I enjoy reading stories about people who face challenges and come through it entirely or have learned how to grow beyond the challenge to a fulfilling life. In this heartwarming read, the author, who has intimate knowledge of Tourette’s, has chosen that one of his heroes, Carter, is a music transposer who lives with Tourette’s. His other hero, Ethan, is a survivor of an accident that gave him a traumatic brain injury.
Carter moves away from LA to a smaller coastal California town where he can- well, hide. He has been hurt by three different romantic entanglements and his Tourette’s is a source of painful embarrassment to him. Carter can work out of the home so he buys his first house, packs up and moves to a place where nobody knows him and he’ll tolerate being a recluse for the sake of not being noticed.
Carter’s plans go awry just as soon as he sets eyes on the gorgeous man who lives next door. Carter spies him standing out in the night looking up at the stars. It is the next day that he gets a chance to meet him at the local coffee shop where Ethan works. An incident he witnesses shows him that Ethan’s dealing with his own challenges and it gives Carter the opportunity to meet Ethan. Unfortunately, Carter messes that up with an unthinking remark and now has the responsibility to make good with Ethan.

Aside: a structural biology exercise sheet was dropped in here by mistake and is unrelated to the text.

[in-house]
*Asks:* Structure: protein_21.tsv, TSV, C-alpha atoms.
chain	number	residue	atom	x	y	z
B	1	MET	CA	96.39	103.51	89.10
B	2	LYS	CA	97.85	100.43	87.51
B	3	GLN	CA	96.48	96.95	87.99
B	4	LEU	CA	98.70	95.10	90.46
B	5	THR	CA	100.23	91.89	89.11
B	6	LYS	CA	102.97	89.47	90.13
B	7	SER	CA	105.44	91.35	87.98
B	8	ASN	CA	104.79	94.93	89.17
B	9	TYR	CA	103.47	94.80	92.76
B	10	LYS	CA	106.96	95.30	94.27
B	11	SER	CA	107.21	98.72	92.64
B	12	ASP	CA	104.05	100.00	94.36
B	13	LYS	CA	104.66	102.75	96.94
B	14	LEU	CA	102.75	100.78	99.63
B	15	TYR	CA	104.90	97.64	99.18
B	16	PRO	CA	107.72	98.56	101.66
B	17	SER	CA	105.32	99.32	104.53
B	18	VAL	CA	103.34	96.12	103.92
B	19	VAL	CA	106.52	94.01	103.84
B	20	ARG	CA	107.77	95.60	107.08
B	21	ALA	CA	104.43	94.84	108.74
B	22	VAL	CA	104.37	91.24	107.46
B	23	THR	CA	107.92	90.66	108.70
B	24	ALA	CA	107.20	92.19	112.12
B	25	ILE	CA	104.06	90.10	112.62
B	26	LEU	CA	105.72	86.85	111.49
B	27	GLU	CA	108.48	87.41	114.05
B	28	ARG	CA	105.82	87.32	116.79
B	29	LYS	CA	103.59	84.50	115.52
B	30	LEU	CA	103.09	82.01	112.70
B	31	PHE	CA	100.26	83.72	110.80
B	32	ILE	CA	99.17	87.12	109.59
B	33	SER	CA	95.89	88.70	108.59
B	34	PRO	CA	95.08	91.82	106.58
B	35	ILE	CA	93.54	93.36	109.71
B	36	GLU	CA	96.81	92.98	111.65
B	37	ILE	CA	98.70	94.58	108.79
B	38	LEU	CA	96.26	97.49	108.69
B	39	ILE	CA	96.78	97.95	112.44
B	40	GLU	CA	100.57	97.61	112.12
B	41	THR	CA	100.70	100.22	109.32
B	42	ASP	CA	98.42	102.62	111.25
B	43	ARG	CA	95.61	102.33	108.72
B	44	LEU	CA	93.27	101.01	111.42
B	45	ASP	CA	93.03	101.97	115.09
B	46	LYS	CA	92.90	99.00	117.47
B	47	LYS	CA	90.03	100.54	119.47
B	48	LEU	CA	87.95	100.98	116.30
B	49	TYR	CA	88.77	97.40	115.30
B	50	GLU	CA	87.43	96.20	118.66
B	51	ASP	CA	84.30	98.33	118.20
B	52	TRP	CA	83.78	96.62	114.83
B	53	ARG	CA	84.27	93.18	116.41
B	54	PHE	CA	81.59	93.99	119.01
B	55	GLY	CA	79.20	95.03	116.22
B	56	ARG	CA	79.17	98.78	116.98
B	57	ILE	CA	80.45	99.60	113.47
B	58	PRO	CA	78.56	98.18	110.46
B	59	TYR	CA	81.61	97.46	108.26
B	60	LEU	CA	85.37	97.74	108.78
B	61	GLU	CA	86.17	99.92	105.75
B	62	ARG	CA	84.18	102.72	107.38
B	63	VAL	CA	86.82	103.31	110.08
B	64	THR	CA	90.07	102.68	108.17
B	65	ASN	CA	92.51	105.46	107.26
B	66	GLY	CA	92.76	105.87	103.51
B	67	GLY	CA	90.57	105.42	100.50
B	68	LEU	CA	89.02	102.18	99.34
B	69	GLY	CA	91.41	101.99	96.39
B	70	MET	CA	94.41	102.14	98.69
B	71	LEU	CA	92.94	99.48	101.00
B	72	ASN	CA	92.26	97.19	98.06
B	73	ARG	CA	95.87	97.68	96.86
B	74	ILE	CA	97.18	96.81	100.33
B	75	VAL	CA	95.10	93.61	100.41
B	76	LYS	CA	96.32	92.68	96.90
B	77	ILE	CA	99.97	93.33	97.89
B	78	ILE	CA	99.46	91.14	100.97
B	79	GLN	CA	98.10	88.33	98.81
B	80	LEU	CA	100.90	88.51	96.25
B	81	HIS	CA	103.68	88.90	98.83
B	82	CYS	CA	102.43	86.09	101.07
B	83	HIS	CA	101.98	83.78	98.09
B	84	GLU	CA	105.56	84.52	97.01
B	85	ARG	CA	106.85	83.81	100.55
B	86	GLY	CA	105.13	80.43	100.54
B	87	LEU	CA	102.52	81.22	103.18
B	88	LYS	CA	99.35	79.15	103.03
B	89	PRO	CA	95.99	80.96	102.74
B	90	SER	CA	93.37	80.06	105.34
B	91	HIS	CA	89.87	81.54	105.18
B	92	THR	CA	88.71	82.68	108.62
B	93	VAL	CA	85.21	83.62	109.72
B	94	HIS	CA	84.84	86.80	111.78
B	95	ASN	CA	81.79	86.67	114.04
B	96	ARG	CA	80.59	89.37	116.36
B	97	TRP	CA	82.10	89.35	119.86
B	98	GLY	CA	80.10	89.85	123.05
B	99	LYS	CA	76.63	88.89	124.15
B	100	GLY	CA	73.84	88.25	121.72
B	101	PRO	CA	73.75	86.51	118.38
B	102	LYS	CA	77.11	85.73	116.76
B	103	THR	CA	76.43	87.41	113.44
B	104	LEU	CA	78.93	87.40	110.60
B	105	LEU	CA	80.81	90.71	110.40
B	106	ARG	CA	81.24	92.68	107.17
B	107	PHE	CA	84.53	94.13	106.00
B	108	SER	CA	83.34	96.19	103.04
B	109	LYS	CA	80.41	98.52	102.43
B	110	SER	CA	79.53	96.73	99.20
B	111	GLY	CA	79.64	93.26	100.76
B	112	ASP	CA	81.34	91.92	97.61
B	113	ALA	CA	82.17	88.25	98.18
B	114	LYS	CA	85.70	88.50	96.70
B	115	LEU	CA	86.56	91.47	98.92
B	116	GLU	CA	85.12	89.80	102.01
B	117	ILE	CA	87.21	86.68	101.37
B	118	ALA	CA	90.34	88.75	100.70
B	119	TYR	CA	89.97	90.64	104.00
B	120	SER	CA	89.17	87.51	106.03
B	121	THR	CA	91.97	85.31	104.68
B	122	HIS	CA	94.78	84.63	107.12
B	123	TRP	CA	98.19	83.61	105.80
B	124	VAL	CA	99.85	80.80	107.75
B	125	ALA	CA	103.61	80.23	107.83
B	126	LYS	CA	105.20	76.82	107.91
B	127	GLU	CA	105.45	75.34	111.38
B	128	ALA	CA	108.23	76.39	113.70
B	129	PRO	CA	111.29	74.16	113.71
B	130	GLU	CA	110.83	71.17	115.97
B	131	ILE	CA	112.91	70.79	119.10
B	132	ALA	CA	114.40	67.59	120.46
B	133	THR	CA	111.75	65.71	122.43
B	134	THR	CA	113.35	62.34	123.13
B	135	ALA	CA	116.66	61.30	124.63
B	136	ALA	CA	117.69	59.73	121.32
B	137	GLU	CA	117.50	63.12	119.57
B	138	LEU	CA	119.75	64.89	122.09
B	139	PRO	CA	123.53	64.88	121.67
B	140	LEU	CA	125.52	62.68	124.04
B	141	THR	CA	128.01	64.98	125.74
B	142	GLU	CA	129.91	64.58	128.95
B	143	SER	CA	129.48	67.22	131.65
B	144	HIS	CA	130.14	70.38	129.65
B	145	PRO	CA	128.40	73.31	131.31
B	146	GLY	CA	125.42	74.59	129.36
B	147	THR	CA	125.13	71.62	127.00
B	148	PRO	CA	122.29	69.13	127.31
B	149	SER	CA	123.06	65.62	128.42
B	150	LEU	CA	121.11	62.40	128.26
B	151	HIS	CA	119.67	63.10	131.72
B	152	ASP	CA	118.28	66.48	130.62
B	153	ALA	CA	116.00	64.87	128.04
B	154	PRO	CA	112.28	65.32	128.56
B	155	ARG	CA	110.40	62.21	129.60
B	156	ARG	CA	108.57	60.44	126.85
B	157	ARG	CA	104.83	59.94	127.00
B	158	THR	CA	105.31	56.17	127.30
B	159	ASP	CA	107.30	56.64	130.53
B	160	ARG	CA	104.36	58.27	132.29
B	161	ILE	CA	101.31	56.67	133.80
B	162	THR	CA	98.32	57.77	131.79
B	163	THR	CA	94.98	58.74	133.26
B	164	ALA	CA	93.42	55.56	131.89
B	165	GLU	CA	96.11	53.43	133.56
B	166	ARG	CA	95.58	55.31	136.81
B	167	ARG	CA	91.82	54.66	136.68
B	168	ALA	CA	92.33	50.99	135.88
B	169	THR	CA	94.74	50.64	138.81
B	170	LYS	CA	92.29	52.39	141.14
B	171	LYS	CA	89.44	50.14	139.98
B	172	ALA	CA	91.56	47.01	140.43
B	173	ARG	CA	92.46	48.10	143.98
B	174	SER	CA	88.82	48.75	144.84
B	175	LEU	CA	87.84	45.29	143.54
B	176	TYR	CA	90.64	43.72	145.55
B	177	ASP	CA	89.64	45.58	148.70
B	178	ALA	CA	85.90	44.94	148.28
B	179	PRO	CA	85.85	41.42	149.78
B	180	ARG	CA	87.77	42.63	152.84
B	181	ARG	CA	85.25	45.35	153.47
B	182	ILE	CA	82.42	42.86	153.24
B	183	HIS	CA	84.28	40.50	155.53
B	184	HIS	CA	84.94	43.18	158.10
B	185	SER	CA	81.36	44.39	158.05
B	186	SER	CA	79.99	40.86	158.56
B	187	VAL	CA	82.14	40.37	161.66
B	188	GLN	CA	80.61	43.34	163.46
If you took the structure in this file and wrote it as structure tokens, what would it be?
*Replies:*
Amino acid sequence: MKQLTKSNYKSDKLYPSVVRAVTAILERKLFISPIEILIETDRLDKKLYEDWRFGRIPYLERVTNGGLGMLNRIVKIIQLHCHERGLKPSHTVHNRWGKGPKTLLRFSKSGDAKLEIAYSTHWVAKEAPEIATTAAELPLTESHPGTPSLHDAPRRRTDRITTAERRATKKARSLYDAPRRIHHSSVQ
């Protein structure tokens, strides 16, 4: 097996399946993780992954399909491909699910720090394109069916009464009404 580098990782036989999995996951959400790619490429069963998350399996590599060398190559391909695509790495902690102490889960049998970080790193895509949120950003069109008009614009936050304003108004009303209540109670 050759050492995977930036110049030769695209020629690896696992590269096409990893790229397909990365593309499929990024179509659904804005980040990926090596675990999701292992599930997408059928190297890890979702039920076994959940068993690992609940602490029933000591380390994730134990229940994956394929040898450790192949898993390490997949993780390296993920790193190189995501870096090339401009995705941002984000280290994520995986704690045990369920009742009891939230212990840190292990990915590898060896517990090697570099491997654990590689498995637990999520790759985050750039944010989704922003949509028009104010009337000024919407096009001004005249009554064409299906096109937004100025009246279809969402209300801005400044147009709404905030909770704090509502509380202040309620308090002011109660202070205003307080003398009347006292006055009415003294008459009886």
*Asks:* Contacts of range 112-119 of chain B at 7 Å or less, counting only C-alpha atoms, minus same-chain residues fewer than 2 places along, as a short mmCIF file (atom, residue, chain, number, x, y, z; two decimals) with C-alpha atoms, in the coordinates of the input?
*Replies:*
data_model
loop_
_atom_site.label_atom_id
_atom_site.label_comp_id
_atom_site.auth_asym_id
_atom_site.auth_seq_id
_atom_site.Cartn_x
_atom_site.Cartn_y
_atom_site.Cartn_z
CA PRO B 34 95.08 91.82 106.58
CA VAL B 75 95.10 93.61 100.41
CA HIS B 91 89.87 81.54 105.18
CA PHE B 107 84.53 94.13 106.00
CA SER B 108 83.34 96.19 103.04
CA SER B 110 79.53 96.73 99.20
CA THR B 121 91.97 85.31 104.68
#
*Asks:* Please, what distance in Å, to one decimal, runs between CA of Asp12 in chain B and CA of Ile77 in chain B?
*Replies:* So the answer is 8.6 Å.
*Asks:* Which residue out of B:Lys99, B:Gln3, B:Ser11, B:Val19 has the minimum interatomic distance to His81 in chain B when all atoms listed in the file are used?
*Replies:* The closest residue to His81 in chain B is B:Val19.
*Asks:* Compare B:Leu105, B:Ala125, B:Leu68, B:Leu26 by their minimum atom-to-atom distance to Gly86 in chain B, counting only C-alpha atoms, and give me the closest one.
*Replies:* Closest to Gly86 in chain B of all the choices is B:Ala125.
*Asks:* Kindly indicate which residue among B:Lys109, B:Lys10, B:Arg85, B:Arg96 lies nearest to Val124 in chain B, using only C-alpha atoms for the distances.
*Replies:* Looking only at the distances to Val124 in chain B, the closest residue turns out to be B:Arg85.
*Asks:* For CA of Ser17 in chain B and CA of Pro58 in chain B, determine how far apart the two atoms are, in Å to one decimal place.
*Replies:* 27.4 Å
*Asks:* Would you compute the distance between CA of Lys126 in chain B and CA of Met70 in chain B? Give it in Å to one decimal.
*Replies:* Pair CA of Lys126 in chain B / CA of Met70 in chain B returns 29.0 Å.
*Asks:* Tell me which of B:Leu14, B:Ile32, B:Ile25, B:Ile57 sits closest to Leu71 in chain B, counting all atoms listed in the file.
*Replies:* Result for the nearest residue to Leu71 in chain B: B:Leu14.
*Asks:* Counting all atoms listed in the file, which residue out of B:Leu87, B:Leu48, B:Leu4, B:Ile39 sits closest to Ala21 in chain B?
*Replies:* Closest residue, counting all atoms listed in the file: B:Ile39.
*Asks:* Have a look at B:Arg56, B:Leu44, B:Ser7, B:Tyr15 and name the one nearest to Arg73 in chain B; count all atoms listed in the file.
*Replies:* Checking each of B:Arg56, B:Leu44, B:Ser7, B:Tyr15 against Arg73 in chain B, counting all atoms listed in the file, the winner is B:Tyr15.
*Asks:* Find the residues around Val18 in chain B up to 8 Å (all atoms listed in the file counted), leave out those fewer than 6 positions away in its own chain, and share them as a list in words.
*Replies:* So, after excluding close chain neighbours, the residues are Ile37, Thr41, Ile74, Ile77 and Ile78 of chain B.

Ethan lives with his parents and fifteen year old younger brother. He struggles with simple, but complex tasks and social subtleties, but he is wise enough to understand the important things in life. Ethan sees the world around him through music and he instantly falls in love with the music that is Carter. It confounds him when Carter insists that they just be friends.
Carter and Ethan’s story flows along at a steady pace as it grows from simple companionship to something vastly deeper. They must learn each other and then they must face a hardship from Ethan’s life that tests their relationship to the utmost. There is an instant attraction and physical intimacy comes, but I loved how relationship building was the key. I also was struck by the way Carter went from being alone in the beginning to each new encounter with Ethan’s family and friends bringing good supportive people into his life that were keepers. And Ethan benefited from contact with Carter’s friend Alice and the play company people who allowed him to get something back that he lost in his accident. The story does have its crisis that was a complete surprise to me and really just intensified my interest.
I have to make a comment about the voices and feel of this story because I think it is one of the best things about it. The story is from both of their perspectives and the voices use for each one particularly when there is internal dialogue was spectacular writing. It allowed me to really be inside the character’s heads as they experienced things and each other.
I highly recommend this story for those who enjoy heartwarming slow build m/m contemporary romances.
Author Link: Goodreads
Latest posts by Sophia Rose (see all)
- Review: Alien Mischief by Cara Bristol - February 18, 2019
- Review: The Magnolia Inn by Carolyn Brown #TGPUL2019 - February 17, 2019
- Blog All About It January 2019 - February 16, 2019
- Review: The Outlaw’s Mail Order Bride by Linda Broday - February 14, 2019
- Review: Rock Chick Reawakening by Kristen Ashley - February 9, 2019